Professor Susan Jebb, chair of the Responsibility Deal food network, defended the its record. She said "great progress" had been made in changing eating options and habits. "Everyone involved can be proud of the work done so far but we know more can be done."
She said the addition of a sat fat pledge to the Responsibility Deal "means we now have a suite of Responsibility Deal pledges that help companies cut fat, sugar and salt, which together will help consumers achieve a healthier diet and reduce the risk of cardiovascular disease".
This is a debatable point. One might draw the impression from this that there are specific reduction pledges in the Responsibility Deal for all three nutrients. In fact, while there is one for salt, pledges related to sugar reduction are contained within the calorie reduction pledge. Clark went as far as to say that the statement was "thoroughly disingenuous" in giving the impression that there was a specific sugar reduction.
Indeed, it has been suggested a specific added sugar reduction pledge may have been a greater priority from a public health perspective than one on saturated fat.
Professor Maryon-Davis said it would be "tricky" to say that for certain. However, he pointed out that while the risks around saturated fat remained and consumption of was still too high, there had been significant progress on fat intake and that obesity was arguably a more pressing concern. "You could argue that coronary heart disease rates are coming down quite nicely and that the big issue now is around obesity, and therefore sugar is becoming more and more important," he said.
Clark said a move specifically on sugar would have been more beneficial. "More and more of the scientific evidence and medical opinion is on the need to reduce sugar," he said. He also pointed out that some of the products included in the saturated fat pledges are "incredibly sugary".
Discussion of the relative merits of reducing saturated fat or sugar is particularly salient in light of the claims made last week in the British Medical Journal by Dr Aseem Malhotra, a cardiologist at Croydon University Hospital in London. Dr Malhotra said health risks associated with high-fat foods had been overstated and there had not been enough emphasis on added sugar.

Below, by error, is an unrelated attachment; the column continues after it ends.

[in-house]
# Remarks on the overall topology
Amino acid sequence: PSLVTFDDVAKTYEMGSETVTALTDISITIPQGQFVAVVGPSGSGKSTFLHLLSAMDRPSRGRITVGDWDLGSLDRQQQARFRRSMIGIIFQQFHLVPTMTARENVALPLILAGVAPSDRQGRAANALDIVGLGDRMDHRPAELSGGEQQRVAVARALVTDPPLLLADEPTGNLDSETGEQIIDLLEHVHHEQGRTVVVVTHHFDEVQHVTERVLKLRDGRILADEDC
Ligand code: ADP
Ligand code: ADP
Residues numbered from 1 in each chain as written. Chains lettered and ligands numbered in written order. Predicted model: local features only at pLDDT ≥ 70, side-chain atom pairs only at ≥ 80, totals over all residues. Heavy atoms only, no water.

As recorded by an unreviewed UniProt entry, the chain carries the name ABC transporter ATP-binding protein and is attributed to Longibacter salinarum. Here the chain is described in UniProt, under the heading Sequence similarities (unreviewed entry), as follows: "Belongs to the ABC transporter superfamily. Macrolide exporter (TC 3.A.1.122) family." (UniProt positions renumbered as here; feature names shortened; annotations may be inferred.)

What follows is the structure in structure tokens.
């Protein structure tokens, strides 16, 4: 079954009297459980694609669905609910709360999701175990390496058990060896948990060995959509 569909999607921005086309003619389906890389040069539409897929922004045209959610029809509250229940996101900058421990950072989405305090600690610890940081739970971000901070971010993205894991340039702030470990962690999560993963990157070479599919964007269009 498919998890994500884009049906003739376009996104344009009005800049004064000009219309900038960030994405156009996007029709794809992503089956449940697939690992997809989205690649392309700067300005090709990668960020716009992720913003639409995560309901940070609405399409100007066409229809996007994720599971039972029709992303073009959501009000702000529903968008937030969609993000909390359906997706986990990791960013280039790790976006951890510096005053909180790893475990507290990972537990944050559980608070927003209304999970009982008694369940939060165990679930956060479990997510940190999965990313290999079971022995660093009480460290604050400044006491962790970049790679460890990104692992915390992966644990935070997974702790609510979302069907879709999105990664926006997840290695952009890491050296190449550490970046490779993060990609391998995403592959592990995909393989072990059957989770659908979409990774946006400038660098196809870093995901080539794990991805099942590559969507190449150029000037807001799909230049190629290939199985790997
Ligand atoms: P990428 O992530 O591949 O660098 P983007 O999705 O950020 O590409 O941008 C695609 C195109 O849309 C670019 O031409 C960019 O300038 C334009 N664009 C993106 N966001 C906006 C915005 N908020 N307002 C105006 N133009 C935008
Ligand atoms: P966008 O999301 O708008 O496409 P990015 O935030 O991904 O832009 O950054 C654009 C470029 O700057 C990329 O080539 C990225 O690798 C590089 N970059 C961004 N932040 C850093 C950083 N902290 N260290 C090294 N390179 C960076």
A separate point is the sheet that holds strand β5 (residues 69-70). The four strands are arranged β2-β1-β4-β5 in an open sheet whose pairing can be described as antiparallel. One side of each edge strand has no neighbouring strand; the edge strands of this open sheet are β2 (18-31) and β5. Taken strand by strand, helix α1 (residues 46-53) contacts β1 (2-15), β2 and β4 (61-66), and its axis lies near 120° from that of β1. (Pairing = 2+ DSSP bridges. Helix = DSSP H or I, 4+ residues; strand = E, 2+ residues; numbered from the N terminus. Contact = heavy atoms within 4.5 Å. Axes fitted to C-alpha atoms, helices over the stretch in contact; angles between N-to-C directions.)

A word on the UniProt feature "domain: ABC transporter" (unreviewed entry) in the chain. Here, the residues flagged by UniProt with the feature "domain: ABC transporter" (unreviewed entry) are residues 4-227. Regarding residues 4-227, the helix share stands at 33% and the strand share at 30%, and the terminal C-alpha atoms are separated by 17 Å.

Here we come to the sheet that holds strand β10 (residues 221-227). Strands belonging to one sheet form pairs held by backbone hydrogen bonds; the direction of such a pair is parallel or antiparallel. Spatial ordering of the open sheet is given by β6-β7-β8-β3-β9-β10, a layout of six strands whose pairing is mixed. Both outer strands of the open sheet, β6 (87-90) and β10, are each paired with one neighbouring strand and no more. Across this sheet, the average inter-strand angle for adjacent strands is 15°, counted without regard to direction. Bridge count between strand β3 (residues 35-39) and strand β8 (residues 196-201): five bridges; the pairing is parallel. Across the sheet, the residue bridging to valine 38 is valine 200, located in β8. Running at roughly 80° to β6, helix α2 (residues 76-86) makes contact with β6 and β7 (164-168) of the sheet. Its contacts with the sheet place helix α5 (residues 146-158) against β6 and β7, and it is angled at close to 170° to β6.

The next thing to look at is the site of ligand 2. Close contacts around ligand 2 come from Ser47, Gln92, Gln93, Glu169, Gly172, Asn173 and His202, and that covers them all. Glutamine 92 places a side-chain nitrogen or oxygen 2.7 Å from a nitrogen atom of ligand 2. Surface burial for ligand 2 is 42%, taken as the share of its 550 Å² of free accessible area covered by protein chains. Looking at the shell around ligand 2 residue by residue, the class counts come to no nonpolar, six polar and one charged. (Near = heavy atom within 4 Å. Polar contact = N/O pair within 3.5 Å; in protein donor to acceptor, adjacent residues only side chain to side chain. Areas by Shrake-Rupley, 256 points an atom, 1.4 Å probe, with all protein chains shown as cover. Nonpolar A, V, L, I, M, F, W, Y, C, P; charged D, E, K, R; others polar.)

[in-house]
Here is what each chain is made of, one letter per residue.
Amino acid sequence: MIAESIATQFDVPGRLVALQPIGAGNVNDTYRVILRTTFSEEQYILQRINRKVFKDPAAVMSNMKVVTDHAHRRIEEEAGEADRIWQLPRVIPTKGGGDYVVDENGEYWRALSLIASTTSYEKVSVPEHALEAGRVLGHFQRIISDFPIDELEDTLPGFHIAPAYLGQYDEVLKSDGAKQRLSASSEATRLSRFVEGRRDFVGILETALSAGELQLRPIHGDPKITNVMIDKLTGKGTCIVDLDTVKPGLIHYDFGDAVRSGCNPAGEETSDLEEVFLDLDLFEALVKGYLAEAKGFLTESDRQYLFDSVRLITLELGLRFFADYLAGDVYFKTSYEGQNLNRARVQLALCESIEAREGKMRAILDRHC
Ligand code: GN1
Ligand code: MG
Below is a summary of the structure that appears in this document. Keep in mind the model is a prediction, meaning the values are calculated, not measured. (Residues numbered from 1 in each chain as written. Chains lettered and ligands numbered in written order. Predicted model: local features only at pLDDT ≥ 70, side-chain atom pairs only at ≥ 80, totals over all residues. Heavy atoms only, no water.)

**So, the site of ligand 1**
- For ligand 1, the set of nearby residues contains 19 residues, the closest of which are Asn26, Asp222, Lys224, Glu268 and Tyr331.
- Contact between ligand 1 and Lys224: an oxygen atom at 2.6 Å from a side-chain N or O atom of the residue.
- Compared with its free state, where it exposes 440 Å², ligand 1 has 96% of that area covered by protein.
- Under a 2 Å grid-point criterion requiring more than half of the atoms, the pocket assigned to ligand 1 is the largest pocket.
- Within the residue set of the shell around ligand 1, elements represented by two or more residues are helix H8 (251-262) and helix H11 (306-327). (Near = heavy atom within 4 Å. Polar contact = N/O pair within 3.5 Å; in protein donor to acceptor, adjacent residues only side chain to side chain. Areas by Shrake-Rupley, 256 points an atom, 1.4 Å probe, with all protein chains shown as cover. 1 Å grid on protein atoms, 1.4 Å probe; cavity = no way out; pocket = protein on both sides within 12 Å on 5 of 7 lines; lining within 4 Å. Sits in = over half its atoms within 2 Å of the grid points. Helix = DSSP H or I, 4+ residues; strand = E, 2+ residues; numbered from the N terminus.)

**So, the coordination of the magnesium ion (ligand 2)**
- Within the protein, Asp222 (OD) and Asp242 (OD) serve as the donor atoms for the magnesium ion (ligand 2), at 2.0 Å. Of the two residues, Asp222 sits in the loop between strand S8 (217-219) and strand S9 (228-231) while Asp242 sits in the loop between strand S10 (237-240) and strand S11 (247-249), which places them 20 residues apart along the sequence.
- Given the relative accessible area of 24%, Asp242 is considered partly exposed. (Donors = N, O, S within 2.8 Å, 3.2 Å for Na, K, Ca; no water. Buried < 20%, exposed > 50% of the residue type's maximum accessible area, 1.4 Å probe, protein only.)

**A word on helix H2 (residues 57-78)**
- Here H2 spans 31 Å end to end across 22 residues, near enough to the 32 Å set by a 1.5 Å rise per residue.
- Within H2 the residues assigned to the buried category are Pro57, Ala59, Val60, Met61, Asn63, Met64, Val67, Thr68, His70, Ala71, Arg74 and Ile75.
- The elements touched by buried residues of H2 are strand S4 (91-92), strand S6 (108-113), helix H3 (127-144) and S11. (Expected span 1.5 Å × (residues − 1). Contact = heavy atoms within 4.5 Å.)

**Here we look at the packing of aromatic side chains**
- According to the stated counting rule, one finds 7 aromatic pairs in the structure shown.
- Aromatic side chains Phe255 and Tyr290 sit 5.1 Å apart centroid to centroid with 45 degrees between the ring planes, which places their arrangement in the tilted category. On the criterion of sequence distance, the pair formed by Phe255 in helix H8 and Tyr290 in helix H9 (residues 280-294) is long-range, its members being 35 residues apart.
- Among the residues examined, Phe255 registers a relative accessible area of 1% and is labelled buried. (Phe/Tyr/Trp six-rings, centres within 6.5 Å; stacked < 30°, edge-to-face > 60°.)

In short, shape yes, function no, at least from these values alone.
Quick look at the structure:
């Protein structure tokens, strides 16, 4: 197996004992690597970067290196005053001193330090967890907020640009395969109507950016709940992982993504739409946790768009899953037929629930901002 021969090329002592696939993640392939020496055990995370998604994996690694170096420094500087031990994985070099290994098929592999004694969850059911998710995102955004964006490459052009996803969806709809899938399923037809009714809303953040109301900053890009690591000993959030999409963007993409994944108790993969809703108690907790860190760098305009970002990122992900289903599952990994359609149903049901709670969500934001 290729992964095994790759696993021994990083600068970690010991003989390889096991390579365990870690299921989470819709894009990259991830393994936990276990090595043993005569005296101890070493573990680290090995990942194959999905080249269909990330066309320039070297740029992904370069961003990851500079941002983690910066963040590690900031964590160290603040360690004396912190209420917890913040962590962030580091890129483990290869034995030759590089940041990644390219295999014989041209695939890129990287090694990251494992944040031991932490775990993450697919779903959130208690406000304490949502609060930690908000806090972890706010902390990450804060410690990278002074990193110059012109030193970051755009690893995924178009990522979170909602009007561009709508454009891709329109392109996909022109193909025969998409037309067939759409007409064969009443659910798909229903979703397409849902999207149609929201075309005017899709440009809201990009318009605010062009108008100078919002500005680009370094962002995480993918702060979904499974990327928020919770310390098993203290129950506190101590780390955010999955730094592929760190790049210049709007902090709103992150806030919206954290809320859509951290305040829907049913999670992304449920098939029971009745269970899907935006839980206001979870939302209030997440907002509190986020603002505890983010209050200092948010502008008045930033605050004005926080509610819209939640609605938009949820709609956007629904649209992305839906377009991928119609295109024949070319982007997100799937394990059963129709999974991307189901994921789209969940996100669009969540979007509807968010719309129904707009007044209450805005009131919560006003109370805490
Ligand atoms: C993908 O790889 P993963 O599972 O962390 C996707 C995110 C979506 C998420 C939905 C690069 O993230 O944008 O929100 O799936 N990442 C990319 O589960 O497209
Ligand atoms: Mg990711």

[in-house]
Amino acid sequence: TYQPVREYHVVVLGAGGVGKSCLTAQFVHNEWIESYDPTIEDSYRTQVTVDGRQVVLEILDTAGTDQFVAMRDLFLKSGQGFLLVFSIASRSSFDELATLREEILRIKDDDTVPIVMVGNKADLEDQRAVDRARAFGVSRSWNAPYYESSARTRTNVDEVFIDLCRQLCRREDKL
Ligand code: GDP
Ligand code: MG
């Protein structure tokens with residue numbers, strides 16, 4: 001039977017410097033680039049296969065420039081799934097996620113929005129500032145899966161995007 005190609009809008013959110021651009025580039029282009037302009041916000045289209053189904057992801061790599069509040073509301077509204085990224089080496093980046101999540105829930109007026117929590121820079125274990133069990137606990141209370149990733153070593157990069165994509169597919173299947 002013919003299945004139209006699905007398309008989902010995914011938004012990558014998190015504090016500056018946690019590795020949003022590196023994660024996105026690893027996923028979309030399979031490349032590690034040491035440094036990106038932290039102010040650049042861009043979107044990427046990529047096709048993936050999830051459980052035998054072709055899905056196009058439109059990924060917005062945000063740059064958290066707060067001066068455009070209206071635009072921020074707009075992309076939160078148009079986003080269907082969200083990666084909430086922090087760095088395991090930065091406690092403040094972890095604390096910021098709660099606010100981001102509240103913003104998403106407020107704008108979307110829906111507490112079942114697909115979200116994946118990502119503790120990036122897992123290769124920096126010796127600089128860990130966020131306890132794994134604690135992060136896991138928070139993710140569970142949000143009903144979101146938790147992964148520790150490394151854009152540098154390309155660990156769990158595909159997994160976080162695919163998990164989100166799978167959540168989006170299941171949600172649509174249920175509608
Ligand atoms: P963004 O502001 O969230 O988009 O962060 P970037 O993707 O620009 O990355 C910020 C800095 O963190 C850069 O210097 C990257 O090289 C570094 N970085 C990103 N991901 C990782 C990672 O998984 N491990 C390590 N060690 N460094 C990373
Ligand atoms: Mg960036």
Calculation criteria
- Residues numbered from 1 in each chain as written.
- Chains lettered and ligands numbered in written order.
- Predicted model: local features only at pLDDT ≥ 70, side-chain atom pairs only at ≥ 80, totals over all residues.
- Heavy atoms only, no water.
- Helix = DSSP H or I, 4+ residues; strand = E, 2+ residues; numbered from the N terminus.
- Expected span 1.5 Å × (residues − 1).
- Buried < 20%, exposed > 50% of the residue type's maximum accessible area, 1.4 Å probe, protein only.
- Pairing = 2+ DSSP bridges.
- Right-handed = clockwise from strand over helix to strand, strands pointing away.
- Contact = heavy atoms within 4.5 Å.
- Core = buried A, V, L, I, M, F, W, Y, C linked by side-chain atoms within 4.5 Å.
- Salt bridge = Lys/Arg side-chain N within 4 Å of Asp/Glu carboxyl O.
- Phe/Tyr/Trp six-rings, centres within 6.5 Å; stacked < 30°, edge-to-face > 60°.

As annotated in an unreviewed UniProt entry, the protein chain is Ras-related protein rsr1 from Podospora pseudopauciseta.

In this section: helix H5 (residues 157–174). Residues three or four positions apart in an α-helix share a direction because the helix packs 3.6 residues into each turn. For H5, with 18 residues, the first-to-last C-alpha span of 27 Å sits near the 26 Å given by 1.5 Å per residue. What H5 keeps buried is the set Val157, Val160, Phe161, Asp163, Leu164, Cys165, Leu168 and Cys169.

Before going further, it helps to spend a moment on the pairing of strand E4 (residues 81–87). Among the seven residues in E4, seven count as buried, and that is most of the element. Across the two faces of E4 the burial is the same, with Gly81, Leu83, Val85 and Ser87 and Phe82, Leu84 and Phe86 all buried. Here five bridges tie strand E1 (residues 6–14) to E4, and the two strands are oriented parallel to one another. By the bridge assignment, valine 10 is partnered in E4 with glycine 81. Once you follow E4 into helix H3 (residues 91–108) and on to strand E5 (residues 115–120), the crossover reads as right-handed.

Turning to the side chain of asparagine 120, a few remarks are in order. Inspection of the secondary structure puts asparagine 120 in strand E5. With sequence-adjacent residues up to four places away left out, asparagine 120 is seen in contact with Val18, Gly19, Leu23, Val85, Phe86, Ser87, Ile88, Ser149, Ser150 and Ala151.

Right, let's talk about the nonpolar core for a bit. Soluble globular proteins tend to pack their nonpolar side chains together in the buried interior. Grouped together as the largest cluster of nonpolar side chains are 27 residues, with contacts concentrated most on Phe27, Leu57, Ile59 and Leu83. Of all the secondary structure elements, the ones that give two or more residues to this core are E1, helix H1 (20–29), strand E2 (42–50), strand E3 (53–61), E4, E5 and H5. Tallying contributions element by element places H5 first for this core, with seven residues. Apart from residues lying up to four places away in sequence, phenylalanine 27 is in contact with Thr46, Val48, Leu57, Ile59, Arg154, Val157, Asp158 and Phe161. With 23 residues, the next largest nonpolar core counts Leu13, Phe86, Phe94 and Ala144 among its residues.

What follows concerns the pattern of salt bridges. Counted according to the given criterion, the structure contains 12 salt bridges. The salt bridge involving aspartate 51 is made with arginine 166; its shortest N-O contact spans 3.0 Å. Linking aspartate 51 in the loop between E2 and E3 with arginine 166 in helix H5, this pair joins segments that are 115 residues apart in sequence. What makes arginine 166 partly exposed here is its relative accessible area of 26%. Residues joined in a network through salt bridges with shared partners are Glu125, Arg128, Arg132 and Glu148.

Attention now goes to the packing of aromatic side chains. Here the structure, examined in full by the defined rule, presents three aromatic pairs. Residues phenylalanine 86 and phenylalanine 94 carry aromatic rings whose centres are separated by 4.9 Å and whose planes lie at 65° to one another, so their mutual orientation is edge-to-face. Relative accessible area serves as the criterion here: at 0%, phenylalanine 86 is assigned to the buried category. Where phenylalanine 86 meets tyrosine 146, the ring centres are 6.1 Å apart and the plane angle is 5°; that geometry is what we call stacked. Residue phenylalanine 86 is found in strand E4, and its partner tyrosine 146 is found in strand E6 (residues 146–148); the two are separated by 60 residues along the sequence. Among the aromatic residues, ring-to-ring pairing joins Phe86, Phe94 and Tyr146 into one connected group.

The Malhotra claims were met with some caution by other health professionals. British Heart Foundation medical director Professor Peter Weissberg said research into links between diet and disease frequently produce "conflicting results", that people with highest cholesterol levels are at highest risk of a heart attack "and it's also clear that lowering cholesterol, by whatever means, lowers risk."
Professor Maryon-Davis said it was right to emphasise the importance of added sugar in tackling obesity but said Malhotra "goes a little a little bit too far in that direction" and questioned some of the research he had cited.
However, that the Responsibility Deal move on saturated fat has coincided with a debate over the relative benefits of focusing on fat or on sugar gives the Government more questions to answer about the policy process.
Overall, campaigners and health professionals are unimpressed by the Government's latest move on dietary health, and scepticism of the Responsibility Deal is again running high. What they see as limited steps being undertaken by companies reflect that the Responsibility Deal allows industry to deliver change on its own terms rather than being pushed by government and by the multi-stakeholder process the Responsibility Deal entails.
Malcolm Clark said he expects pressure on food companies to move faster would now increase, while Professor Maryon-Davis said he expected there to be continued pressure on the Government and industry regarding added sugar. The Department of Health spokesperson could not confirm whether an added sugar pledge would now be under discussion. The next topic to be addressed by the Responsibility Deal Food Network is food promotion, which will be discussed at what may well be a lively meeting next month.
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In the spotlight - Industry sat fat moves fail to impress campaigners